Paul Smith: The Labor of Love
A roadmap usually contains a point A and a point B. One element serves as your origin and the other is your destination.
There were two unrelated things that contributed to Paul Smith’s road map to success, a bicycle and a clothing warehouse. Smith used his bicycle to get him to the Nottingham clothing warehouse in England where he worked as an errand boy. Although he already had a job in the clothing industry, Smith had his mind set on becoming a racing cyclist. But a serious accident that left him hospitalized for six months put an end to this dream and shed light on a new endeavor.
Sometimes you have to go through a storm to receive a blessing. It may seem like the rain will last forever, the strength of the wind may knock you off balance and the loudness of thunder may startle you, but if you don’t continue to participate in the battle you will never witness its after affects.During Smith’s hospital stay he made new friends and was introduced to the world of art and fashion. After his release from the hospital Smith began to make the most of his job at the clothing warehouse by creating displays for the showroom and taking tailoring classes to learn new skills in the fashion industry, according to an article in Vogue UK. Eventually, he became the menswear buyer for the company. This was the beginning of his fashion career, now he is considered to be a global fashion icon. It’s important to note that Smith took the non-traditional route to success. He left school at age 16 and he has never borrowed money from a bank to maintain his business.. And even as a wealthy Fashion Designer with a stellar reputation all over the world, he still focuses on keeping his head above water and resisting mediocrity.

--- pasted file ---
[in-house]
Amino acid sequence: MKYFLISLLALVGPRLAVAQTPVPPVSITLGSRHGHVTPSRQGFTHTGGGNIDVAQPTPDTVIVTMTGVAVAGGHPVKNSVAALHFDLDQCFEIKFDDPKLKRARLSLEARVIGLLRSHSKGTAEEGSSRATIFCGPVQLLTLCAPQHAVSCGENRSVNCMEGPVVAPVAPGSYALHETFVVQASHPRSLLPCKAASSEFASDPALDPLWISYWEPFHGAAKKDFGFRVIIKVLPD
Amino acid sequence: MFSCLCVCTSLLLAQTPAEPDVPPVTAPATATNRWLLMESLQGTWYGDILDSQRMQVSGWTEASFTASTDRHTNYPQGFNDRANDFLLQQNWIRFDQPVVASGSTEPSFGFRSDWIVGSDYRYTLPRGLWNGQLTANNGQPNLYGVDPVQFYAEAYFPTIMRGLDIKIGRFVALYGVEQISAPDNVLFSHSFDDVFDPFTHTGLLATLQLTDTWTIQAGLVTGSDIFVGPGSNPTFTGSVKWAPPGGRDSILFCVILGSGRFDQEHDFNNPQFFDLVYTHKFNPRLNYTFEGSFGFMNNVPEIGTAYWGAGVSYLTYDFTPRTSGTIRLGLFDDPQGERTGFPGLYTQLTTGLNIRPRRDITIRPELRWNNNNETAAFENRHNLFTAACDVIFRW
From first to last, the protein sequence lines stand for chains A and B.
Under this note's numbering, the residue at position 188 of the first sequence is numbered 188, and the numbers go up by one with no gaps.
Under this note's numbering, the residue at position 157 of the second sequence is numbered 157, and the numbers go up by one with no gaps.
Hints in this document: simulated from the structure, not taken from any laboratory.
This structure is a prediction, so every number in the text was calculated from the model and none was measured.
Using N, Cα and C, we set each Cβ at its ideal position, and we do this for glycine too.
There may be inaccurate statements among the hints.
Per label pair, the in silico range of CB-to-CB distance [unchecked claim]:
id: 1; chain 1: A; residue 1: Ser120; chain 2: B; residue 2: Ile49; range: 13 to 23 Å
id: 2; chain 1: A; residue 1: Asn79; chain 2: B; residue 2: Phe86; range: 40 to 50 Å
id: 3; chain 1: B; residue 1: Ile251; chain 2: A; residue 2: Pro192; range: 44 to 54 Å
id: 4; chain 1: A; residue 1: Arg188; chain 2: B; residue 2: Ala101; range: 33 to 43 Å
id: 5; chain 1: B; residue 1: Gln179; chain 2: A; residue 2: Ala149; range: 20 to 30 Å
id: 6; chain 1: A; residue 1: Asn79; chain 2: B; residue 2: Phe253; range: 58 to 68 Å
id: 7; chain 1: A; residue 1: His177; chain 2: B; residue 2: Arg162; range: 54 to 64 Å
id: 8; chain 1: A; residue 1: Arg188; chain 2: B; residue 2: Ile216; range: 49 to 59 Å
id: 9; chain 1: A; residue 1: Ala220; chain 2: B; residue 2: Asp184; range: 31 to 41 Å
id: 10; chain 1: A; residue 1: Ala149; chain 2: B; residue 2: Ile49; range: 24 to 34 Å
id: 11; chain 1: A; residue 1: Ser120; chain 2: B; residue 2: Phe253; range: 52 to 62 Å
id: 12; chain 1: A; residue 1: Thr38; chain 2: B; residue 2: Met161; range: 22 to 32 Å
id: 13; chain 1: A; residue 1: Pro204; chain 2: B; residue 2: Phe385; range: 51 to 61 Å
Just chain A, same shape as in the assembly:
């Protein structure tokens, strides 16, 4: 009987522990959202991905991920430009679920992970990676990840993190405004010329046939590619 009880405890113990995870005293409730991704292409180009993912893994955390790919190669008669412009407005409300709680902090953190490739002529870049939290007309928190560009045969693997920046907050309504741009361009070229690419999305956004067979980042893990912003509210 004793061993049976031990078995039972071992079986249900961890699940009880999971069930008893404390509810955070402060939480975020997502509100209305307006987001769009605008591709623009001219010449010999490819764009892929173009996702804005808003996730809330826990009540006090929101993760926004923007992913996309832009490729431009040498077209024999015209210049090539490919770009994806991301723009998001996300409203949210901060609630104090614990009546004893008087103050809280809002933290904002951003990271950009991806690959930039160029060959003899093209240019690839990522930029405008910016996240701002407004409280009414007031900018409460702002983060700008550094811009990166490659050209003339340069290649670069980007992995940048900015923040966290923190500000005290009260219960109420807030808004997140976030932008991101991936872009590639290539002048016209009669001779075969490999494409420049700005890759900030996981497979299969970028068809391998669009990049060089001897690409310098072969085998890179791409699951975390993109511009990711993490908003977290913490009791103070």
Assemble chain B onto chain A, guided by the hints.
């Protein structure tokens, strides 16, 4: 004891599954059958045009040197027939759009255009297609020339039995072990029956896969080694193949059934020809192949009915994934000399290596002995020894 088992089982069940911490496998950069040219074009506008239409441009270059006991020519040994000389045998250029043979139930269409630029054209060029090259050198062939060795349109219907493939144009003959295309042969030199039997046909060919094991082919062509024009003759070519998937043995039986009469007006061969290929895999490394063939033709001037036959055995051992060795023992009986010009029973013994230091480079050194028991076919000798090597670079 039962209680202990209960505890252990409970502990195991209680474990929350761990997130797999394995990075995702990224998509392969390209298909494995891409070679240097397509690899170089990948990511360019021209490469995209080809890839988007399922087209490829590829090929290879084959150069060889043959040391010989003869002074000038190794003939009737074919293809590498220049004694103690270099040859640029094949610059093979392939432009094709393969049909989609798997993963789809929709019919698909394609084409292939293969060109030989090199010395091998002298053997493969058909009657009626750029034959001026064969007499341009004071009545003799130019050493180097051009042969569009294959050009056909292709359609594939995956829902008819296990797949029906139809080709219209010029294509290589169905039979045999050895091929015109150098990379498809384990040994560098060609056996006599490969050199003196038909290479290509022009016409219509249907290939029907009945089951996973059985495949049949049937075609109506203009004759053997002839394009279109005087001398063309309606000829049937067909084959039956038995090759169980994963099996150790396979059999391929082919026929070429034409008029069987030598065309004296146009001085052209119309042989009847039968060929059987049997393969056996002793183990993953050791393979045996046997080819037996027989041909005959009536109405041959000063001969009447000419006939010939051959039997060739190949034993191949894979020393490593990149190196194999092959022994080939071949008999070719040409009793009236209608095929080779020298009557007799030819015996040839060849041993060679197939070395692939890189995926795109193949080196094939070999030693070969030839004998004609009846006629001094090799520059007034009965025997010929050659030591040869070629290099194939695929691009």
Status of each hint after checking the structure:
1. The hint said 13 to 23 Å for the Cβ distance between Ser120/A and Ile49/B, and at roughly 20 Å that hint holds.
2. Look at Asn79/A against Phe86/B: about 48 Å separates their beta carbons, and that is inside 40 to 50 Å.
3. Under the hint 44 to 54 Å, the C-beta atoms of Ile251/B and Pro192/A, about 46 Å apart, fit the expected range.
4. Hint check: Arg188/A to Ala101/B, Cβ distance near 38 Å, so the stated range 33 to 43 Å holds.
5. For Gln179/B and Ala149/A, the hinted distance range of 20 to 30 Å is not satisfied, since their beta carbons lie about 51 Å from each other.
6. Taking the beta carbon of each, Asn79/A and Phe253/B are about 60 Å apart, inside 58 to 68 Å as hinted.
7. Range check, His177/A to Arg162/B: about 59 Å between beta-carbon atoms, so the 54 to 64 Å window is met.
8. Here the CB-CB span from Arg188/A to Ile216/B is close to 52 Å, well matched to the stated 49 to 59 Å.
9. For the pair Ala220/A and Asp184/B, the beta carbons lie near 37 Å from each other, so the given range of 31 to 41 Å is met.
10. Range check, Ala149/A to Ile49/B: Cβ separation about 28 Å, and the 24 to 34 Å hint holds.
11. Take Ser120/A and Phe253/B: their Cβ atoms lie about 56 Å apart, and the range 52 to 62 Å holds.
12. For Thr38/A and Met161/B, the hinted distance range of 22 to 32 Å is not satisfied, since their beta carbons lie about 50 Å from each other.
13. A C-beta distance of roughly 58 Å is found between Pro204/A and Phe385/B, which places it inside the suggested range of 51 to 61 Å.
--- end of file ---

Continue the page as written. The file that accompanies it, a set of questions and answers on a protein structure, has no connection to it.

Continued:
“I completely understand but I loathe the concept of the corporate role…it just means that the world is becoming so boring and so similar…,” Smith explains in a Bloomberg TV interview. He recalls traveling to Milan, Florence and Paris and seeing the same set-up in store windows. He describes this experience as a “shame.”
Smith’s very first shop was opened in 1970, it was only 12 square feet and it didn’t contain any windows. He opened the shop with the support of his wife. And of course, Smith ran into a few problems, he knew getting people to come into the shop would be challenging so he lured them in with things that he collected from around the world.
“There’s not much to see. Why would anyone come?” So I’d always have a poster from the Pompidou Centre to sell, or three school notebooks from a trip to Greece,” Smith told theTelegraph in 2008.
The Nottingham native started off in the industry by designing menswear. He also creates accessories, perfume, clothing for babies, children and women. Paul Smith is the “go to guy” for British Fashion. His designs are very distinct, sophisticated, “simple cut and [they are] well-made.”
The designer explains that even when it comes to the setup of his boutiques “it was never a conscious thing it was always the love of life [that’s why I did them],” he said. Also known as Sir Paul, the Chairman and Designer describes himself as being old-fashioned. Even with a $325 million turnover rate he still has a hand in the operations of his business. From talking to customers to picking out fabrics. Today, he has 15 shops and concessions in the UK and 200 shops worldwide.
Award-winning is another title that has been added to Smith’s long list of accomplishments. He was selected to receive the Honorary Freedom of the City (Nottingham) award in 1996. A London-based design museum highlighted his work by displaying an exhibit titled “True Brit,” it chronicles about 25 years of Smith’s work in the fashion business. In addition, he has contributed to Vogue as a guest blogger and even published a book. Smith held the titles of “Menswear Designer of the Year,” for the British Style Awards and he has been chosen as the “Designer of the Year,” for four years when it comes to the GQ Men of the Year awards. Through it all, Smith stays humble and seems to be disgusted by the constant chase of wealth which many people are infatuated with.
“The obsessive pursuit of status, wealth and power has done much to drag ambition’s reputation into the mud,” Smith asserted to VOGUE.COM in 2010.”And nowhere has this been truer than in the banking industry, where ambition has curdled into greed,” he goes on to say “My top tip is to take it slow. Life is a joy. You don’t have to be rich and famous straight away. Take it easy, grow gently and you’ll have a lovely life.”